Total compensation as presented in the Summary Compensation Table contains estimated values of grants of performance shares based on multiple assumptions that may or may not come to fruition. Total realized pay does not include the value of performance shares at grant but rather includes their value only if they vest and then at the level they are actually earned. The Summary Compensation Table also shows any increase in pension value, which may result in large part from changes in the valuation assumptions and discount rates used for calculation. Total realized pay excludes the change in pension value and above-market earnings on nonqualified deferred compensation because:
an increase in pension value can result in a much higher number reported as total compensation in the Summary Compensation Table
when pension value decreases, as it did for 2015 due to the use of a higher discount rate, the negative value does not reduce total compensation as reported in the Summary Compensation Table and
Supplemental Income Security Plan benefits depend partially on continued employment for some of the named executive officers.

18 MDU Resources Group, Inc. Proxy Statement


Proxy Statement

We define total realized pay as the sum of:
base salary
annual incentive awards and bonus paid with respect to the year
the value realized upon the vesting of long-term incentive awards of performance shares during the year and
all other compensation as reported in the Summary Compensation Table.
The following table compares total realized pay for our named executives in 2015 to the total compensation as presented in the Summary Compensation Table. This table is not intended to be a substitute for the Summary Compensation Table.
Named Executive Officer
Base Salary
($)

Annual Incentive
Awards and Bonus
Paid
($)

Value
Realized
upon
Vesting of
Performance
Shares
($)
1

All
Other
Compensation
($)
Total
Realized
Pay
($)

Total Compensation from the Summary Compensation Table
($)
David L. Goodin
755,000

376,745


39,411
1,171,156

2,558,148
Doran N. Schwartz
380,000

123,253


35,571
538,824

818,052
David C. Barney
395,000

637,588


22,556
1,055,144

1,290,413
Jeffrey S. Thiede
425,000

161,857


172,506
759,363

1,002,265
Patrick L. O’Bryan2
441,918

1,359,425


21,356
1,822,699

1,822,699
Steven L. Bietz3
214,274



787,351
1,001,625

1,307,120
1 
Performance shares and dividend equivalents for the 2012-2014 performance period did not vest and were forfeited because performance was below threshold.
2 
Promoted effective March 1, 2015; his base salary is prorated.
3 
Retired effective July 17, 2015; his base salary is prorated.
With respect to our chief executive officer, the following table demonstrates our pay for performance approach for 2011 through 2015 by comparing:
total realized pay, which is the sum of base salary, annual incentive awards paid, all other compensation, and the value realized upon the vesting of performance shares during 2014 (for the 2011 through 2013 performance cycle). None vested during 2011, 2012, 2013, or 2015.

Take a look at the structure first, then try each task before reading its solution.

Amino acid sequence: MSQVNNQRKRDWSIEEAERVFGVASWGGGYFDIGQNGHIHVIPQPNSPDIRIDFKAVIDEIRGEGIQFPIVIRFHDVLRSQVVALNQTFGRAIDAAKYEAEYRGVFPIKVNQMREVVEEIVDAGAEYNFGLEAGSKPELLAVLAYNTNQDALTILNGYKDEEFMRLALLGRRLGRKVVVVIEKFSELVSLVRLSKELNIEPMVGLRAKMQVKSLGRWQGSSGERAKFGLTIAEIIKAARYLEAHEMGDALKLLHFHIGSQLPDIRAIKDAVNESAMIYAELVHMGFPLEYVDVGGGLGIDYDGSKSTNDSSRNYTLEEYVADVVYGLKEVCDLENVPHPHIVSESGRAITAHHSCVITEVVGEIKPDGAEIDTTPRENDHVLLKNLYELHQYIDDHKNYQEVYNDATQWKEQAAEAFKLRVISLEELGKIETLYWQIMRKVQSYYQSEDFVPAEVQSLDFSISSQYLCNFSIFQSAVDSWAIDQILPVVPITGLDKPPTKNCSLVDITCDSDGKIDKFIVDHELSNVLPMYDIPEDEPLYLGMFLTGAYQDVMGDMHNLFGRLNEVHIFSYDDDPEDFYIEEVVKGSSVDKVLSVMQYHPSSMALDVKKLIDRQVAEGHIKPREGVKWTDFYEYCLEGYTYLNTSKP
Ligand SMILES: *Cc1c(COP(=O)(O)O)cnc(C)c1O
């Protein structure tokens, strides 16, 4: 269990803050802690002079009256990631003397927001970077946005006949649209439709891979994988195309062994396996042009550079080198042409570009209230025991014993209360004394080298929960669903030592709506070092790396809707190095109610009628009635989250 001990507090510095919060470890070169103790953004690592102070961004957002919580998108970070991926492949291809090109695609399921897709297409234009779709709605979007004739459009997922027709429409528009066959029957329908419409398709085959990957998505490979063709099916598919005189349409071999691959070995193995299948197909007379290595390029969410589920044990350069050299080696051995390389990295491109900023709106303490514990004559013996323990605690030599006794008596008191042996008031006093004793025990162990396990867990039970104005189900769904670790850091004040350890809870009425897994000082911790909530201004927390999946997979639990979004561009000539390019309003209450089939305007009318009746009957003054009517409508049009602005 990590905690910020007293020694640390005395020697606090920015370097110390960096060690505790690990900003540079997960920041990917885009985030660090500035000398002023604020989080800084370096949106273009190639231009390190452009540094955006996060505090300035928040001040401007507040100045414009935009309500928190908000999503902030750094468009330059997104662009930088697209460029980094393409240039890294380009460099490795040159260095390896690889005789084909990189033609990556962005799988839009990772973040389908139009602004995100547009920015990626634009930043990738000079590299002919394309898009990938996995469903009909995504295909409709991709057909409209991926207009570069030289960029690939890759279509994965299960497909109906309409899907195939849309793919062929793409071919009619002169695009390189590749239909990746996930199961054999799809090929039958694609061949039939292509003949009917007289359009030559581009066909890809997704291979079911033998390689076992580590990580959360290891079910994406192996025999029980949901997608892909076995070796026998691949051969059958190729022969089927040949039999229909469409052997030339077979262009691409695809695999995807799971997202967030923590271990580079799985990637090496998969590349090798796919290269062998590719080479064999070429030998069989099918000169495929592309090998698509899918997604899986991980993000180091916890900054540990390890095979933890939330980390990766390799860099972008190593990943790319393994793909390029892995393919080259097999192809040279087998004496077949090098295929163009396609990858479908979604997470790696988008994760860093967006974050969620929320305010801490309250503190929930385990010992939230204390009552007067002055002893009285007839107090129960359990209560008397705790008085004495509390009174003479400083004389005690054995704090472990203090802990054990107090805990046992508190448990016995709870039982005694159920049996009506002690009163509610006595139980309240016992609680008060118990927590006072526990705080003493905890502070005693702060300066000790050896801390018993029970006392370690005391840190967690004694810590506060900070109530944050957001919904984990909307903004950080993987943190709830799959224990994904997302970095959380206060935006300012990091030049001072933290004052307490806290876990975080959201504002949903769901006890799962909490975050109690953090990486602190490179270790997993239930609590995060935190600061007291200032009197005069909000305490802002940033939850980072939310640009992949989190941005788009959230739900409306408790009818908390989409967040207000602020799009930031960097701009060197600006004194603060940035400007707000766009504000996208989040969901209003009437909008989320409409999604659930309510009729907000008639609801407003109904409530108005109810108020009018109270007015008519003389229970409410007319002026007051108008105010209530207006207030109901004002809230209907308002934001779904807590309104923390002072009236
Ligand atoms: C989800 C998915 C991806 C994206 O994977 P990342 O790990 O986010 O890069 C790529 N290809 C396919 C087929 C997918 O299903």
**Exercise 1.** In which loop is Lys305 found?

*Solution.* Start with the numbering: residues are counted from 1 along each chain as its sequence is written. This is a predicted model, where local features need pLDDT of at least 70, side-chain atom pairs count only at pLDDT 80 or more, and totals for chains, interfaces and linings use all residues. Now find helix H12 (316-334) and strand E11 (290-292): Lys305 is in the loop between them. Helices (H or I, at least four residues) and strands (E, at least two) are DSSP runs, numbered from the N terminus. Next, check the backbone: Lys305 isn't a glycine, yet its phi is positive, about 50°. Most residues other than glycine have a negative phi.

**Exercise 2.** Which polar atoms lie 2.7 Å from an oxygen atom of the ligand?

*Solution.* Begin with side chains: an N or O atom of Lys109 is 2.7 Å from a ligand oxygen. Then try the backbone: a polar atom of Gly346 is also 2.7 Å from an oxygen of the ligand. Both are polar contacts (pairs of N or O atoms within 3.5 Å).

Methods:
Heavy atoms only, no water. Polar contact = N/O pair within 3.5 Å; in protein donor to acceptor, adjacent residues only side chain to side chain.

total compensation as reported in the Summary Compensation Table and
one-year total stockholder returns for 2011 through 2015.

MDU Resources Group, Inc. Proxy Statement 19


Proxy Statement

For years 2011 and 2012, the compensation information is for Mr. Hildestad, our chief executive officer for those years, and for 2013 through 2015, the compensation information is for Mr. Goodin. This table is not intended to be a substitute for the Summary Compensation Table.
2011
2012
2013
2014
2015
Total Realized Pay
$1,742,249
$1,306,474
$2,273,142
$2,601,803
$1,171,156
Total Compensation from Summary Compensation Table
$3,566,327
$2,558,778
$4,047,413
$3,571,637
$2,558,148
1 Year Total
Stockholder Return
9.1
%
2.1
%
47.5
%
(21.2
)%
(19.0)%
In 2015, when our total stockholder return was (19.0)%, our chief executive officer’s total realized pay decreased $1.4 million, or 55%, and his total compensation from the Summary Compensation Table decreased $1.0 million, or 28%.
The decrease in Mr. Goodin’s total realized pay was due primarily to the nonvesting of performance shares and dividend equivalents for the 2012-2014 performance cycle, where our total stockholder return was below threshold compared to our performance graph peer group. The decrease in Mr. Goodin’s total compensation from the Summary Compensation Table was due primarily to a decrease in the change in pension value and lower realized annual incentive compensation.
Process for Determination of 2015 Compensation
Objectives of our Compensation Program
We have a written executive compensation policy for our Section 16 officers, including all our named executive officers. Our policy’s stated objectives are to:
recruit, motivate, reward, and retain high performing executive talent required to create superior long-term total stockholder return in comparison to our peer group
reward executives for short-term performance, as well as the growth in enterprise value over the long-term
provide a competitive package relative to industry-specific and general industry comparisons and internal equity, as appropriate
ensure effective utilization and development of talent by working in concert with other management processes - for example, performance appraisal, succession planning, and management development and
help ensure that compensation programs do not encourage or reward excessive or imprudent risk taking.

20 MDU Resources Group, Inc. Proxy Statement


Proxy Statement

Role of Compensation Consultants